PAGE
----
Wednesday, June 23, 2010

Why hire a pro?

Hello, my name is Bayn Wood I am president of Autumnwood Construction Inc. We are a metro Detroit area deck and patio construction company.

In the last month alone we have seen, a composite deck built by a new construction home builder, that looked like it was nailed off by the framing crew. We gave a recent quote for a pending lawsuit where a homeowner built his own deck, sold his house and stated to the buyer that it was built to code and the building inspector had approved the deck construction, which in reality the deck needed to be torn down because it was not only out of code but a major danger to anyone who used the deck. And we visited a new construction home for a quote on building backyard deck, as I pulled into the driveway I noticed a very nice covered front porch, that had high end composite railings, that were sagging in between the railing posts, after a closer inspection I noticed there was not any squash blocks installed and the bottom rail was installed upside down all by the home builder. All costly errors

You might say there are many other stories of decks built by homeowners that have been built well, and you’re a deck builder, so of course you going to be against DIY deck builder.

That may be true, but what are you getting yourself into when you take on a deck building project?

Here are a few areas to consider before you decide to “Do it yourself”

1) The deck design. A dream deck that flows into the landscape, or a square big box special.

2) Building to code. Plans and permits are needed, and there are a lot of deck construction codes to follow.

As a homeowner how much time do you have to research the deck construction codes, and do you have ability to build the deck to code? First off, your footings have to be sized for the proper soil and load bearing code. What type of footing? Posts back filled with cement cookie post bases, or pier footings. What is the proper frost code depth for my area? Next would be the proper lumber sizes for the deck frame spans. What about the railings? How tall should they be and what is the proper baluster spacing? What about the stairs. Do I need a graspable handrail? Or how tall can my risers be?

3) Materials: What is the best choice for my new deck, what should I base my decision on, and what accessories are available.

What material should you build you deck from if you’re going to build your own deck. I personally believe that treated wood or cedar wood are a lot easier deck materials to work with than Hardwoods, Composites, and PVC products. Hardwoods have to be pre-drilled to attach and they are extremely hard, end grains have to be treated against checking and splitting. Most Composite and PVC manufactures have installations instruction manuals which can be upwards of 20 pages of instructions. The composite and PVC market is growing dramatically and is popular among DIY crowd because of the high materials costs.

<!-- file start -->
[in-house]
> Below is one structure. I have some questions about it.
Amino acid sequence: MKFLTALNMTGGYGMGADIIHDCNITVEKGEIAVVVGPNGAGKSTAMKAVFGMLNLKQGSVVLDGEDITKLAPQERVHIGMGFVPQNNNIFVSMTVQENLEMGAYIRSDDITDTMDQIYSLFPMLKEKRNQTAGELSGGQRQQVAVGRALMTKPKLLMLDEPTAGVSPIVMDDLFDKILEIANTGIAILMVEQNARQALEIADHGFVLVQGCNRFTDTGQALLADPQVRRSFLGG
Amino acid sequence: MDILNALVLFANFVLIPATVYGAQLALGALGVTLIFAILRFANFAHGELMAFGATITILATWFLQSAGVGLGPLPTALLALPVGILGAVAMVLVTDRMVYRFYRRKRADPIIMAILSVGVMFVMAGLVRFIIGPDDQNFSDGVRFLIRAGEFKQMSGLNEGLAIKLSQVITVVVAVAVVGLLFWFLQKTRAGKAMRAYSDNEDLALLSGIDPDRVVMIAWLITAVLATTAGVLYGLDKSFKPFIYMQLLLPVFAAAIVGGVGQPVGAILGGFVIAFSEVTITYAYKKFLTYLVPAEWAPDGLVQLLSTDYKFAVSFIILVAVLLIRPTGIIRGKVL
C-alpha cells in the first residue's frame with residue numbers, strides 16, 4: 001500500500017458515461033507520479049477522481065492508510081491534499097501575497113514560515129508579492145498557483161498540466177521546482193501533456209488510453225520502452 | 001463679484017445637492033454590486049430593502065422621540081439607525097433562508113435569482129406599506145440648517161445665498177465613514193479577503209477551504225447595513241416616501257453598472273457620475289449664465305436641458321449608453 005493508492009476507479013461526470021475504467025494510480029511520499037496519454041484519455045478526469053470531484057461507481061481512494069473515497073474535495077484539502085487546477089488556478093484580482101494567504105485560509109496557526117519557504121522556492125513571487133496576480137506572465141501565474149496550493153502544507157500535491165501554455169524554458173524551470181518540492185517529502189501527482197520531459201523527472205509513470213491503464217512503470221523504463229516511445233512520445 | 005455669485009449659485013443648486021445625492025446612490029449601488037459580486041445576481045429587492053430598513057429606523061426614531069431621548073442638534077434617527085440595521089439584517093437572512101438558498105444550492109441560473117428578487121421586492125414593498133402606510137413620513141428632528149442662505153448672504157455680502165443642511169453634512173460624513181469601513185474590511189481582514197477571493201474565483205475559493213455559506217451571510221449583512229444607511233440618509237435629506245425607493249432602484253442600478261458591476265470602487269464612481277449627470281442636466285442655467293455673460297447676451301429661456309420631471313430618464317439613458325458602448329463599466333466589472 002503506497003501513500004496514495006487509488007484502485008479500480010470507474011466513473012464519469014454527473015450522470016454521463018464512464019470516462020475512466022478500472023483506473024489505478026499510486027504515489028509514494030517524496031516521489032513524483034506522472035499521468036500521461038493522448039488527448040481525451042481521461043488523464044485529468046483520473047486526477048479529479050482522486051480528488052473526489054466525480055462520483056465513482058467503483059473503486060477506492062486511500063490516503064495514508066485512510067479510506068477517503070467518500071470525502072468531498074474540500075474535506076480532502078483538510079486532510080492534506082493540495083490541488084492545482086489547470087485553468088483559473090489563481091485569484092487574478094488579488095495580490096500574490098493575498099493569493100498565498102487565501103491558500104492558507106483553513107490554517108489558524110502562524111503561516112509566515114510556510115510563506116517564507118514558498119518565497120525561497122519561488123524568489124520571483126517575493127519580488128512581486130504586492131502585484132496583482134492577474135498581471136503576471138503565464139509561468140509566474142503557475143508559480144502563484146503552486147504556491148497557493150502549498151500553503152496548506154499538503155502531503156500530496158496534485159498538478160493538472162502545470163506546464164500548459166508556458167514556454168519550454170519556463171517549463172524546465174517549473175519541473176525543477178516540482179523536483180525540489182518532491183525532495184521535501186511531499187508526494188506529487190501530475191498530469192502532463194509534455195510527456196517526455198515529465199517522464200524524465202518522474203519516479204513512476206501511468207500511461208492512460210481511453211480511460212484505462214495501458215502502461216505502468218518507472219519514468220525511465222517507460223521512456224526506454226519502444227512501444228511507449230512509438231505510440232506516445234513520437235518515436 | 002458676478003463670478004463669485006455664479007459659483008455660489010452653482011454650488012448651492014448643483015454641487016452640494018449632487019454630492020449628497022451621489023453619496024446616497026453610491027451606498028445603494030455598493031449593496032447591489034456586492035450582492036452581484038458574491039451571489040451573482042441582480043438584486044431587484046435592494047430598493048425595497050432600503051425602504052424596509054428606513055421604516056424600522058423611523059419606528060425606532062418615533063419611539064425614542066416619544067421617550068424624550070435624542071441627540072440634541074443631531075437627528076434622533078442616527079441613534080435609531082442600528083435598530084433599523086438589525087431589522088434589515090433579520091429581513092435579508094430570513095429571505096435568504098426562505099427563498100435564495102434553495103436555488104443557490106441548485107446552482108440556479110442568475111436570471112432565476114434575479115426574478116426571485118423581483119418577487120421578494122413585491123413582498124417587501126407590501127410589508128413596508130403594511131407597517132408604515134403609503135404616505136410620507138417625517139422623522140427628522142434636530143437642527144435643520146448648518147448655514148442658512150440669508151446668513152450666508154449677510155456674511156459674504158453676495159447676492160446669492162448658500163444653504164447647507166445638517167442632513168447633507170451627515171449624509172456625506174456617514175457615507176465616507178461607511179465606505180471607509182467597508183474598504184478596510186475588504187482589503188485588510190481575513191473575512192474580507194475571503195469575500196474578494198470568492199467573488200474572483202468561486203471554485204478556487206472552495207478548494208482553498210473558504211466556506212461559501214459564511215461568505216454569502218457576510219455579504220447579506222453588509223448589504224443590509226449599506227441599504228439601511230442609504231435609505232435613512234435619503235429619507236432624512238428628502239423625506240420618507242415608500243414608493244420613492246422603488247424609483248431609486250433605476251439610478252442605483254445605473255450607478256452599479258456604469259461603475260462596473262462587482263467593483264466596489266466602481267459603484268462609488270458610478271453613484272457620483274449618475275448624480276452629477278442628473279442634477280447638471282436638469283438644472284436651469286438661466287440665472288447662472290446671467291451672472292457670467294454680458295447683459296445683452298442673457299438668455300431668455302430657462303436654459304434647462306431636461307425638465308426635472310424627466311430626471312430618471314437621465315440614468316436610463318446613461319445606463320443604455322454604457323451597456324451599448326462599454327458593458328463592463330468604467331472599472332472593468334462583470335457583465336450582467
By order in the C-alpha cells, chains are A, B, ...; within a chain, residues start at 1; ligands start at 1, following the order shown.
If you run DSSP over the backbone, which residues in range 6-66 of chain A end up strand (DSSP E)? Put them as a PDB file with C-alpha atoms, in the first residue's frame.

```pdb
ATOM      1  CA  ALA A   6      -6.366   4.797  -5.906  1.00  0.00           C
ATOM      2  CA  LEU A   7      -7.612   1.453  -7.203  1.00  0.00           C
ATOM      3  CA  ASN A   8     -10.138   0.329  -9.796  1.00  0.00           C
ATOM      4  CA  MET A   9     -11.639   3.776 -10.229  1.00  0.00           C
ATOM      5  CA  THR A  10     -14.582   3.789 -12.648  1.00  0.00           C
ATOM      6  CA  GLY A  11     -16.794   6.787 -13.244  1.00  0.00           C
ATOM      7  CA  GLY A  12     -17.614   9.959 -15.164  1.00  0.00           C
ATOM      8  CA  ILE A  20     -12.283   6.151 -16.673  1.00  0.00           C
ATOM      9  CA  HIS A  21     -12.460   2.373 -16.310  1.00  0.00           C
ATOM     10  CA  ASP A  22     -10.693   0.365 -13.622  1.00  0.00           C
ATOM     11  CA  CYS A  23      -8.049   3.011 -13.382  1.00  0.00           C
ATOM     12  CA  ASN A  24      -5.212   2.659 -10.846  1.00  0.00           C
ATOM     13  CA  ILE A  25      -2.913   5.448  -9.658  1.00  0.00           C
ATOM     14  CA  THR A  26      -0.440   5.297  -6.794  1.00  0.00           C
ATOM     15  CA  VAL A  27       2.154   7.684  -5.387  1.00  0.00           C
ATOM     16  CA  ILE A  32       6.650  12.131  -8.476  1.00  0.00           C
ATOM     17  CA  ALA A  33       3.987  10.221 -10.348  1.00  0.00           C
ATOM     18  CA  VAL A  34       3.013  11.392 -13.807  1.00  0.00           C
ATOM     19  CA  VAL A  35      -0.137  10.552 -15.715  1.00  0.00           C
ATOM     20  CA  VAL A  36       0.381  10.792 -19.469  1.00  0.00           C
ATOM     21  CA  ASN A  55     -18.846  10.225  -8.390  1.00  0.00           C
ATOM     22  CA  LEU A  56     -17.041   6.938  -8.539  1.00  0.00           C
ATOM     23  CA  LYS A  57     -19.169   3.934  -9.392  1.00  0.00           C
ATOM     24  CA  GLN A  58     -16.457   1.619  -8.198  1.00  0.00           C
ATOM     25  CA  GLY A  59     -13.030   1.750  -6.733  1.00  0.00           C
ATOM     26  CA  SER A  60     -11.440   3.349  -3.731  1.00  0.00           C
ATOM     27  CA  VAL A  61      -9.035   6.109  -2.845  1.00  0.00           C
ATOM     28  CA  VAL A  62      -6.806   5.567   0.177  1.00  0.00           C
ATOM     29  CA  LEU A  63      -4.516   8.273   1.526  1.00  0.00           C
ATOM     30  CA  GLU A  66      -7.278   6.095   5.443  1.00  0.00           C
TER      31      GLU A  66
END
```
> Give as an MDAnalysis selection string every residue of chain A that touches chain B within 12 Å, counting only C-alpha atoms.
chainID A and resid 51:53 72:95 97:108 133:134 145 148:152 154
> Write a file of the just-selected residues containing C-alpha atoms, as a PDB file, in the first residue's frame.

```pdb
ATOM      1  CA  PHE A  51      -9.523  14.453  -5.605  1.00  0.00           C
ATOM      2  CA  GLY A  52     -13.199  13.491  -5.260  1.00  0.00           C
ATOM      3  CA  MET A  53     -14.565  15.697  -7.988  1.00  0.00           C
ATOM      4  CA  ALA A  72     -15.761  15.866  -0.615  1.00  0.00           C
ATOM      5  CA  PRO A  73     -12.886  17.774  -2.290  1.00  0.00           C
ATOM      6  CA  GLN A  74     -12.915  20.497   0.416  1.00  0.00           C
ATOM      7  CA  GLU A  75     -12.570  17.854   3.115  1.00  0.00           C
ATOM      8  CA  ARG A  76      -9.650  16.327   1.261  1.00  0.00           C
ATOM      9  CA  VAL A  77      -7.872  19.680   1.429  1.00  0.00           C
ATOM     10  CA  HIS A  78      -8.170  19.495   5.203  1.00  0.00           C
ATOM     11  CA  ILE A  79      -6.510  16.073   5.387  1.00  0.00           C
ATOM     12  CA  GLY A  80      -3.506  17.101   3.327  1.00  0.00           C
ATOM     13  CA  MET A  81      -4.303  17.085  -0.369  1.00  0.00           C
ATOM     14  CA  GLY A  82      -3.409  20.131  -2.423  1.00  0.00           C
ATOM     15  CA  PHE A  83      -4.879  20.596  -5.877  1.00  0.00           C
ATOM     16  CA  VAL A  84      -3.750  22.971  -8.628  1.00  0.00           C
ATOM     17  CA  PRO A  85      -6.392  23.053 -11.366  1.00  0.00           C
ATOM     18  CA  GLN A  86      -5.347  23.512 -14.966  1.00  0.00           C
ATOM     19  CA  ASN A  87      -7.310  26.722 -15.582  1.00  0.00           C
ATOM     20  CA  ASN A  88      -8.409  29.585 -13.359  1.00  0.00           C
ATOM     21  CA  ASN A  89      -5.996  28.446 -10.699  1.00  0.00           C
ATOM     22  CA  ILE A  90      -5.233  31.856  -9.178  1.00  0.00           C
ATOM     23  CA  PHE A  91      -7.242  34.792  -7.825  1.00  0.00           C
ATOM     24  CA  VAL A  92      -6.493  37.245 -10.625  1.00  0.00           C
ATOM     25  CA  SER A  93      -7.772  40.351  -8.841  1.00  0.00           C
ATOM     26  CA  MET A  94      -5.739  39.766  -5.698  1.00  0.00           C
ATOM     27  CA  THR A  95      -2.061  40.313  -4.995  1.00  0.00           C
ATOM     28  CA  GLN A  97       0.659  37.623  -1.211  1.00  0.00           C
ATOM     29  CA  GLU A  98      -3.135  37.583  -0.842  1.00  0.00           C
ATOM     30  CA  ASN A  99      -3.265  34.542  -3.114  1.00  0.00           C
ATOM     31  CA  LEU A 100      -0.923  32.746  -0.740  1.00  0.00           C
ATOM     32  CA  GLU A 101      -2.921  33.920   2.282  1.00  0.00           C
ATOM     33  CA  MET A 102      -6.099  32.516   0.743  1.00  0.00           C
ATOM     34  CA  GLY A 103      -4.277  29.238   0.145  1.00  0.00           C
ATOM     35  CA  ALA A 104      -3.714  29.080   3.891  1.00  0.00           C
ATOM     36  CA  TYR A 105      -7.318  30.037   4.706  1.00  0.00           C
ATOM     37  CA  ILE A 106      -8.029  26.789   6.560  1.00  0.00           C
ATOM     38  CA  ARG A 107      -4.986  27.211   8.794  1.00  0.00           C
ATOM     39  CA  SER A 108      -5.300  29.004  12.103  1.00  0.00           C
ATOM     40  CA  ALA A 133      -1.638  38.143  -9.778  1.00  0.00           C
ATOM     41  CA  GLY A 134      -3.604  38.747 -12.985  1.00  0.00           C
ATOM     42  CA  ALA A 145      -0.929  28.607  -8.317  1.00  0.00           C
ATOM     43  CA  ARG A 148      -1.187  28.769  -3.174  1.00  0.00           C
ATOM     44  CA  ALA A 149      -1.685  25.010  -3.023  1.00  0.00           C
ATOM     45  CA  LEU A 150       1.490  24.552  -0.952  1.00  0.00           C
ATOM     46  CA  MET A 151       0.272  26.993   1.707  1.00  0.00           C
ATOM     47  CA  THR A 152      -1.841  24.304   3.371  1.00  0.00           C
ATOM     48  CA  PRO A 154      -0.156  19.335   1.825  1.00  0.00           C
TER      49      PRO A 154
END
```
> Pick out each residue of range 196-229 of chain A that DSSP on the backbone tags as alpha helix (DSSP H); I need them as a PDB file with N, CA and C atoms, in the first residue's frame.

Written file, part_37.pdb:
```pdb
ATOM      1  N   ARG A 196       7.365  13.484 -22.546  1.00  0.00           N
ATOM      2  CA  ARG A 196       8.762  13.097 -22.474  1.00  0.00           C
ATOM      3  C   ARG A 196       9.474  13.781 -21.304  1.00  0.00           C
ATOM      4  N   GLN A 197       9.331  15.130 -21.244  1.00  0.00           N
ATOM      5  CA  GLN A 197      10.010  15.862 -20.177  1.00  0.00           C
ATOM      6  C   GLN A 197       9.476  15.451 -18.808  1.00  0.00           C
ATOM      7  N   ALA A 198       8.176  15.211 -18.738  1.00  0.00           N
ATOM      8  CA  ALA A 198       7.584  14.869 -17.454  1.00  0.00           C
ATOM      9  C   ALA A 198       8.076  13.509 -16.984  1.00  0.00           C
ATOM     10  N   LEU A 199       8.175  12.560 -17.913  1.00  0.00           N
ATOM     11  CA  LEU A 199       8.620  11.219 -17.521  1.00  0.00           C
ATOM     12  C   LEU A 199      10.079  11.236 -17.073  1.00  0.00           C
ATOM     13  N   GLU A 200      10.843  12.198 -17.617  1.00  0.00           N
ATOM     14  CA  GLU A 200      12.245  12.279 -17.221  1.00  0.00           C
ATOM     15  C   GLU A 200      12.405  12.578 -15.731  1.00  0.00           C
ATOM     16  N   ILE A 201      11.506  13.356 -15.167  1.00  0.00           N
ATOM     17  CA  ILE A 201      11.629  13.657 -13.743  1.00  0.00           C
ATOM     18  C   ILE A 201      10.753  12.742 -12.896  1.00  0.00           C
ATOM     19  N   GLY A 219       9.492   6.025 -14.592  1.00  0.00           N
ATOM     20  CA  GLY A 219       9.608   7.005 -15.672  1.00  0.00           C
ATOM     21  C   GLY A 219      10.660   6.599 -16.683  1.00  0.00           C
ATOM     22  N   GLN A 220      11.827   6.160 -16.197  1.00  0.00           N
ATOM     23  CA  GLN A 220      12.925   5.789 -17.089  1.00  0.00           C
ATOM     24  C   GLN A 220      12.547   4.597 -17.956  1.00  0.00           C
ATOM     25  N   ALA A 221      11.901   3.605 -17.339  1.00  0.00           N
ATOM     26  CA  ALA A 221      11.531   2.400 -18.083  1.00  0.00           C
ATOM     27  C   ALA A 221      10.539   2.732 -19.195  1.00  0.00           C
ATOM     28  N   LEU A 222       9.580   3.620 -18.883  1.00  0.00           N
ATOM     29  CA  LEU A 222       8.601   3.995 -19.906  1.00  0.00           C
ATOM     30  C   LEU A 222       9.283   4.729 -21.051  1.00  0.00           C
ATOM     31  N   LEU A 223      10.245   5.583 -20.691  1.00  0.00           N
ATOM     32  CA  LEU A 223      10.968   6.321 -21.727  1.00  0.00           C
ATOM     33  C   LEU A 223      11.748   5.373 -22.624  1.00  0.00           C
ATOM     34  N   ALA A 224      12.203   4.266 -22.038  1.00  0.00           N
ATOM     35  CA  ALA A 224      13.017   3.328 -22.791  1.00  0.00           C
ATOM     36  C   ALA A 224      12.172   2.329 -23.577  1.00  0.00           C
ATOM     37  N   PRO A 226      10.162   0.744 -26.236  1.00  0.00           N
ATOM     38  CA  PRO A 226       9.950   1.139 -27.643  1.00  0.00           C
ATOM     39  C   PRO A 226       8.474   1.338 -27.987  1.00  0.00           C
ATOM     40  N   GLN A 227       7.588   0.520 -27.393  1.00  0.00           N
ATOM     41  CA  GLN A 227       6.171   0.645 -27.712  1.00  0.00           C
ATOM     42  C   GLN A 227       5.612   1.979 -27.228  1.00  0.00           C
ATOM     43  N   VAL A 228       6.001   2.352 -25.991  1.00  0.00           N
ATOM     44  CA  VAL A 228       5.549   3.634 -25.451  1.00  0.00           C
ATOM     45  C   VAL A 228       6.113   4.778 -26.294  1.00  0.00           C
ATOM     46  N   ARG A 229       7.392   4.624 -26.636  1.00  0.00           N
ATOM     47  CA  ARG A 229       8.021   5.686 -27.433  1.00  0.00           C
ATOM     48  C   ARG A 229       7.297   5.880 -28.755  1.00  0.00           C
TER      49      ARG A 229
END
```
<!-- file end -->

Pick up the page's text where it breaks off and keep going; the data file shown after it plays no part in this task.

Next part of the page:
Deck building in my opinion is a trade just like an electrician, plumber, or pipe fitter. And to have a special “outdoor living” dream deck space, you should consider a deck building trade specialist

Monday, June 14, 2010

Franklin MI Cedar deck

Hello .. We have been crazy busy with work so I have to apologize for not keeping up on updating our blog. For the last few weeks we have been on this project we are going to review today.

Remove and replace a Franklin MI two level cedar deck.

We are matching an existing design with a few changes. I really like the original design.

Basically the deck is 14 x 42 with a center step down 14x14 octagon level. There is also a 16x20 pergola centered in the design.

The old deck was made from cedar and was in really bad shape, it was built in 1980 and there was a few problems areas.
We filled up a 20 yard dumpster from all the debris on this job it was a bear to tear down. Also every utility line was ran through the deck area, including the electrical main, cable, and phone, air conditioning, a water line and two electrical outlets.

Here you can see the cedar fascia board sandwiched over the deck boards and the framing, this is one of big problem areas we see all the time. This why we always run a border board around the outside of the deck, so the fascia board can be run underneath the border board to cover the fascia/framing seam so there is no gap area where the two materials are sandwiched together. The picture frame border also covers the ends of the cut deck boards.

You see the gap between the fascia and the rim joist has collected all kinds of debris and it created an area for water to sit,  damage the deck frame, fascia, and the ends of the decking.

The other big problem area we see in deck failure in is the ledger board of the deck, (where it attaches to the home)  Here you see there was flashing used in the construction of the original deck, but because the house has wood siding.  The wood siding failed and created the damage to the ledger and than eventually the deck and house.  
So the end result from the siding/ledger failure was replacing about 30' of the house rim joist

Here is the new ledger attachment and flashing

Here is a few framing shots

The latter joist framing for the center seam board

Octagon framing

Next comes the decking installation.

Below you can see the single picture frame border board
that covers the fascia/framing gap and hides the end grains of the decking.

Railings up next

Pocket hole post/rail attachment       
We pre-stained the 2x4 rails with Sherman Williams Deckscapes that the homeowner choose, but the color did not come out right so the homeowner decided to leave the grey colored stain on the rails and keep the rest of the deck stained with a natural colored stain

Next we did the stairs, built the pergola, installed low voltage deck lighting,
 and stained the complete deck to finish up the project

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